The Best of Today's Little Ditty 2017-2018 + The Poetry Friday Roundup

It's here! It's here!

The Best of Today's Little Ditty 2017-2018 has arrived,
its pile of poetry paraphernalia in tow.

Our third "Best of TLD" collection is available in paperback for $9.95 or as a Kindle ebook for $5.95. Click HERE to purchase at (As of the writing of this blog post, the two avenues for purchasing are not yet linked to the same page on Amazon, but don't let that stop you from grabbing the version of your choice!)

As usual, it was a team effort to make this book happen, starting with an uber-diligent ditty committee who reviewed more than 500 poems (527 to be exact) from 2017 and 2018.

This, and all sketches in this post, © 2019 by Miranda Barnes.

A wagon load of thanks goes to:
Matt Forrest Esenwine
Stephanie Farrow
Rebekah Hoeft
Kimberly Hutmacher
Michelle Kogan
Jone Rush MacCulloch
Linda Mitchell
Diane Mayr
Buffy Silverman
Margaret Simon
Liz Steinglass
and Tabatha Yeatts.
Each committee member was assigned several challenges to review independently and then I consolidated the results. As always, a few excellent poems were left out for one reason or another, but I think you'll agree that the final result is impressive nonetheless. I think this is our best collection yet. It's also the largest—96 poems by 57 poets! As our little writing community has grown in size over the last five years, it has clearly also grown in experience.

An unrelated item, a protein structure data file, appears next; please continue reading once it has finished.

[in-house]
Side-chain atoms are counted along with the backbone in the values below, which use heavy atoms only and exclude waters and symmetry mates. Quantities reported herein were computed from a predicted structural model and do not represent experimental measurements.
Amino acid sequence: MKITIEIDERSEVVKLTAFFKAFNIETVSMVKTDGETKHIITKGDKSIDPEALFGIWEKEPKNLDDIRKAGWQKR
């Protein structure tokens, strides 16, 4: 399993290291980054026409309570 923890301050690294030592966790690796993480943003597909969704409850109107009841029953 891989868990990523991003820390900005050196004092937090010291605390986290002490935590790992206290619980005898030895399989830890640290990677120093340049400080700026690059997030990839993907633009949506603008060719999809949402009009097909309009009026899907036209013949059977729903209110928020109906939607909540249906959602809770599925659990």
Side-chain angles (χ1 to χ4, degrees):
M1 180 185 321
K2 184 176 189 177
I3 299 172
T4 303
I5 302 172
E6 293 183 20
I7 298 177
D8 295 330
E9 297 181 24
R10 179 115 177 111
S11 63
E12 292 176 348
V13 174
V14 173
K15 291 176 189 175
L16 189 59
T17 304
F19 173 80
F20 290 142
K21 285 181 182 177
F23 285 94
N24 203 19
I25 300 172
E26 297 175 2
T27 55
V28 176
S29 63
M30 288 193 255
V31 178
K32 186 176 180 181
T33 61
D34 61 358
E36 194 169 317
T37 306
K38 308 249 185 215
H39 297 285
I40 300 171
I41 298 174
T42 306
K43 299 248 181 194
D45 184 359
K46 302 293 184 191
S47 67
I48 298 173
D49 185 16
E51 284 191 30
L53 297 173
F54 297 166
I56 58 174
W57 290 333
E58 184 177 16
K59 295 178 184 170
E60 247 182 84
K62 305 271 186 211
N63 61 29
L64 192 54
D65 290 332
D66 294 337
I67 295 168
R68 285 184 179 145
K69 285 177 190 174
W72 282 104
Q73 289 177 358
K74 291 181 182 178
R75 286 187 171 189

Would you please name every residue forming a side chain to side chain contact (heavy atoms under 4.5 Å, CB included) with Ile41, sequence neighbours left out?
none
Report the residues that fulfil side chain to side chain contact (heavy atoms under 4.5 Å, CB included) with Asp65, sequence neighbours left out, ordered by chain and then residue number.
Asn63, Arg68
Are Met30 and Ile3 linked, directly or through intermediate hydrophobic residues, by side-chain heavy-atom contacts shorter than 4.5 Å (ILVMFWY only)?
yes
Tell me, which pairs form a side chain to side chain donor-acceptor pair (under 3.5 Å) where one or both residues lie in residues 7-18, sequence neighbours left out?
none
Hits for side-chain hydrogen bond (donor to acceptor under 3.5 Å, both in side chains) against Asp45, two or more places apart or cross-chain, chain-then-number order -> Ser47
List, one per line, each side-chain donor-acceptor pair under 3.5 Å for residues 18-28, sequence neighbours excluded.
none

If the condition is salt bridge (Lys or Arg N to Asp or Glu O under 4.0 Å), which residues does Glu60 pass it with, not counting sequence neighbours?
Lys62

Thanks also to the twelve authors and editors whose DMC challenges were instrumental—

and to ALL the TLD readers who responded to them. You make the decisions about which poems to include VERY difficult indeed!

Once again, I owe a huge debt of gratitude to Renée LaTulippe for her invaluable help throughout the process, including advice, suggestions, design expertise, editing, proofreading, and reality checks when needed. Thank you, Renée!

And to my daughter Miranda, thank you for giving this book its character with such an adorable cover and charming interior illustrations! (Read my interview with Miranda HERE.)

I'd like to give a shout-out to Helen Frost and Paul W. Hankins who were kind enough to provide such wonderful, blush-inducing blurbs for the back cover,